Systems Like SAP Concur are Streamlining Business Travel

Business travel was once thought of as prestigious by many but presented the overworked business traveller with its unique set of problems. Technology today has changed that though and innovations driven by systems like SAP Concur has eased business travel considerably.

A recent article shared by Andy Watson, senior vice president and general manager, Asia Pacific Japan and Greater China, SAP Concur, likened decluttering business travel to the famed decluttering methods that Marie Kondo of the famed KonMari method.

According to Watson, the two sets of circumstances are more similar than many would realise. He opined that when using the right methods, easing business travel could be as easy as turning your home into a neat comfort zone. All it needs is a touch of the right technology.

Comparing the travel needs of yesteryear, business travellers were found to have to do many things on their own. Normally, this wouldn’t be much of a challenge, but to business travellers, it’s more thing to remember and more things to do – on top of an already hectic work schedule.

There was a need to manually search for the best flights that would be the perfect balance of cost versus time and call up multiple hotels to find a reasonable residence for the desired time period. This would be even more complex should the trip involve multiple stops on a chain tour.

Plus, at the end of the day, there would have to be a paper trail literally a mile long with everything having to be accounted for. Heaven forbid a minor change anywhere along that manual trail. And when all of this is done – it still needs to be approved. Yet another chance at having a spanner thrown into the gears.

How Tech Like SAP Concur Helps

Today, with the touch of a button and all from integrated devices, business travellers can accomplish all of this in moments. From using smart apps to book all flights, hotels and rental cars and unified systems to manage claims and invoicing management from start to finish – everything is so simple.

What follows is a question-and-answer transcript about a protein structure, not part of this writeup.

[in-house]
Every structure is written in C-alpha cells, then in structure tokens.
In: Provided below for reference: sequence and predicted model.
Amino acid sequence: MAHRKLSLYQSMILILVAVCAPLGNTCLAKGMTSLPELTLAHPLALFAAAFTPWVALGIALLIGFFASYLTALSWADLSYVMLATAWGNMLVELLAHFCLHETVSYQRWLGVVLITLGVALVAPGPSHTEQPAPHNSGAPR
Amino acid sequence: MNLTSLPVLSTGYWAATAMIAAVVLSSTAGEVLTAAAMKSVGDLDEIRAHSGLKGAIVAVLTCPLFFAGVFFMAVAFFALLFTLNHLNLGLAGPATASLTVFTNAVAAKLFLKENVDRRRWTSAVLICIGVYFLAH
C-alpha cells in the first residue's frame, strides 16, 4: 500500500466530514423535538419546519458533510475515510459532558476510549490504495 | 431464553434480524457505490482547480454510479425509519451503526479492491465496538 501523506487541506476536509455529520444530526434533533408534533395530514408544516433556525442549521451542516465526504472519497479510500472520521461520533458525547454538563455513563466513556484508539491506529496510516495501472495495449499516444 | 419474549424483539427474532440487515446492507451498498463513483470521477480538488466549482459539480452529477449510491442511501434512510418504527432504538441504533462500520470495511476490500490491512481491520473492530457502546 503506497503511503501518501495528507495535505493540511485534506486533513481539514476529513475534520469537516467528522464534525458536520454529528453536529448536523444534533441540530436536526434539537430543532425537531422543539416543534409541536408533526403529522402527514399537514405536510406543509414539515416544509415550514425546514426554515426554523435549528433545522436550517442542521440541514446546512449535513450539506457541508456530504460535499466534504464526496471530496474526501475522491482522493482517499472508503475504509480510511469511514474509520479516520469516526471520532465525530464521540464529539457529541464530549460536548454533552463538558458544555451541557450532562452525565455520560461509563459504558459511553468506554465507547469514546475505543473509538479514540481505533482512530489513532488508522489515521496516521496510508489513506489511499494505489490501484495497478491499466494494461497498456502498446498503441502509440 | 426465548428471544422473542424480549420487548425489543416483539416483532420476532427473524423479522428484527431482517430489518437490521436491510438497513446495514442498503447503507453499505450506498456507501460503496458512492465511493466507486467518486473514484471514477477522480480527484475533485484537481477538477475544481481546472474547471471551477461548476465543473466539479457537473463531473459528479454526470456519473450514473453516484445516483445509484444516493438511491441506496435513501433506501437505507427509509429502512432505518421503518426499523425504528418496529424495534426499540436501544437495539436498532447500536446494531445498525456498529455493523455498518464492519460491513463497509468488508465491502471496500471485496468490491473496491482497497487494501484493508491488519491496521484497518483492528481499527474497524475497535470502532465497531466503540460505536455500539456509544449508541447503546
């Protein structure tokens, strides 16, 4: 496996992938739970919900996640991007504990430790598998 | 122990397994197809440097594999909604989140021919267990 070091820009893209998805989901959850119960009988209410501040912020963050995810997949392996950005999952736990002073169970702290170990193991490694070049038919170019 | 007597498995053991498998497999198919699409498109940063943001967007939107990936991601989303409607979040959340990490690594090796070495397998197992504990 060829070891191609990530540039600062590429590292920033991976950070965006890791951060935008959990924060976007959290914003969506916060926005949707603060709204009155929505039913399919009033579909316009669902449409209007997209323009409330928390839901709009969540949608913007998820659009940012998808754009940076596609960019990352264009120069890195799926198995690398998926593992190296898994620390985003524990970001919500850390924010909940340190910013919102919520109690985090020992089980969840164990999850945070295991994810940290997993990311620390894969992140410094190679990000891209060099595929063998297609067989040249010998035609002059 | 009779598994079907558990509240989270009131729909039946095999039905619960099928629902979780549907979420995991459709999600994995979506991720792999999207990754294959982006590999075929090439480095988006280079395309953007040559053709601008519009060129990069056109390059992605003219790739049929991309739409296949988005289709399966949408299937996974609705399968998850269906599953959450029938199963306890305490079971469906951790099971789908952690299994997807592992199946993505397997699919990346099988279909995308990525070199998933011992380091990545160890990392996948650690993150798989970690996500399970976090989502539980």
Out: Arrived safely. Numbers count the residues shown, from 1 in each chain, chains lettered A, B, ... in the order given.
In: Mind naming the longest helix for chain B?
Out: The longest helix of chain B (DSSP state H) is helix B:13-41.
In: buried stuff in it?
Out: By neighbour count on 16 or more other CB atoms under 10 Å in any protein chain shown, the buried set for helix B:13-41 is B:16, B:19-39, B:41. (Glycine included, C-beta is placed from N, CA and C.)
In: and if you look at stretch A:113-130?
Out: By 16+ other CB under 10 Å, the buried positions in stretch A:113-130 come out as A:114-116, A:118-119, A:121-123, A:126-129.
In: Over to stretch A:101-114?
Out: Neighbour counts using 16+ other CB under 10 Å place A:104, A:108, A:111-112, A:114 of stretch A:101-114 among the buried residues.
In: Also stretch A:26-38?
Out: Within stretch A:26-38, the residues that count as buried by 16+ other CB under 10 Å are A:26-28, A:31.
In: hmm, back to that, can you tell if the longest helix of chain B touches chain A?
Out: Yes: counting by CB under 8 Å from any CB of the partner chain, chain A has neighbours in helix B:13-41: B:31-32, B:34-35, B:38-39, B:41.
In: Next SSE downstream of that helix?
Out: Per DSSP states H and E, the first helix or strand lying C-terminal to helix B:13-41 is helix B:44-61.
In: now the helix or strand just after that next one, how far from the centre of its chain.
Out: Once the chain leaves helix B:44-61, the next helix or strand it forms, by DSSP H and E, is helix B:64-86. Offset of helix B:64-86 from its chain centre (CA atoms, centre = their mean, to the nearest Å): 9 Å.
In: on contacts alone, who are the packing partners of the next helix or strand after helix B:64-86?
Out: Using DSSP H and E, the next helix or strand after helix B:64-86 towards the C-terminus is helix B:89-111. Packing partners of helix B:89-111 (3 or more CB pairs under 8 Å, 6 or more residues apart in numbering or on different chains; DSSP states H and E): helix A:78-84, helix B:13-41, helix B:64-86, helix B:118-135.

“This integration ability lets travellers save time on bookings and leverage a B2C experience, while staying within the policy needs of their company. These features are particularly attractive for millennial travellers. And that’s an important demographic for corporates and travel companies to cater to,” opines Watson.

According to the UNWTO World Tourism Barometer, millennial travel is expected to increase in value by 1.6 times to US$340 billion by 2020. In Singapore, Expedia found that 84% of millennials travel at least once a year, higher than baby boomers (73%) and the Generation X (82%).

Among all this, the key advantage is that companies are always kept in the loop so they can render on-site assistance when the need arises. Watson commented that modern apps can help firms proactively monitor weather, violence, system disruptions or other risks that may impact their travellers, communicate with them and connect them to expert support.

This approach is also conducive to a paperless environment, where sustainable options are all on the table via modern apps. Some firms may require that their staff on travel optimise their routes based on emissions, to encourage the consideration of low carbon options be they air, sea or land.

The advantages stretch beyond the individual business travellers and overall benefits to companies since they specifically also reduce the overhead to finance departments.

“The data of employees’ bookings across multiple channels all flow back to the finance team. The team gets more visibility and greater insights, so they can apply policy on direct bookings and better manage compliance and approvals. With this same data, the finance department could anticipate needs, predict challenges, identify opportunities on the fly, and tackle everything from taxes and compliance risk to mobile phone expenses and fraud. All in all, a company could create a best-in-class experience for its employee travellers while dramatically improving its financial controls and productivity organisation-wide,” says Watson.

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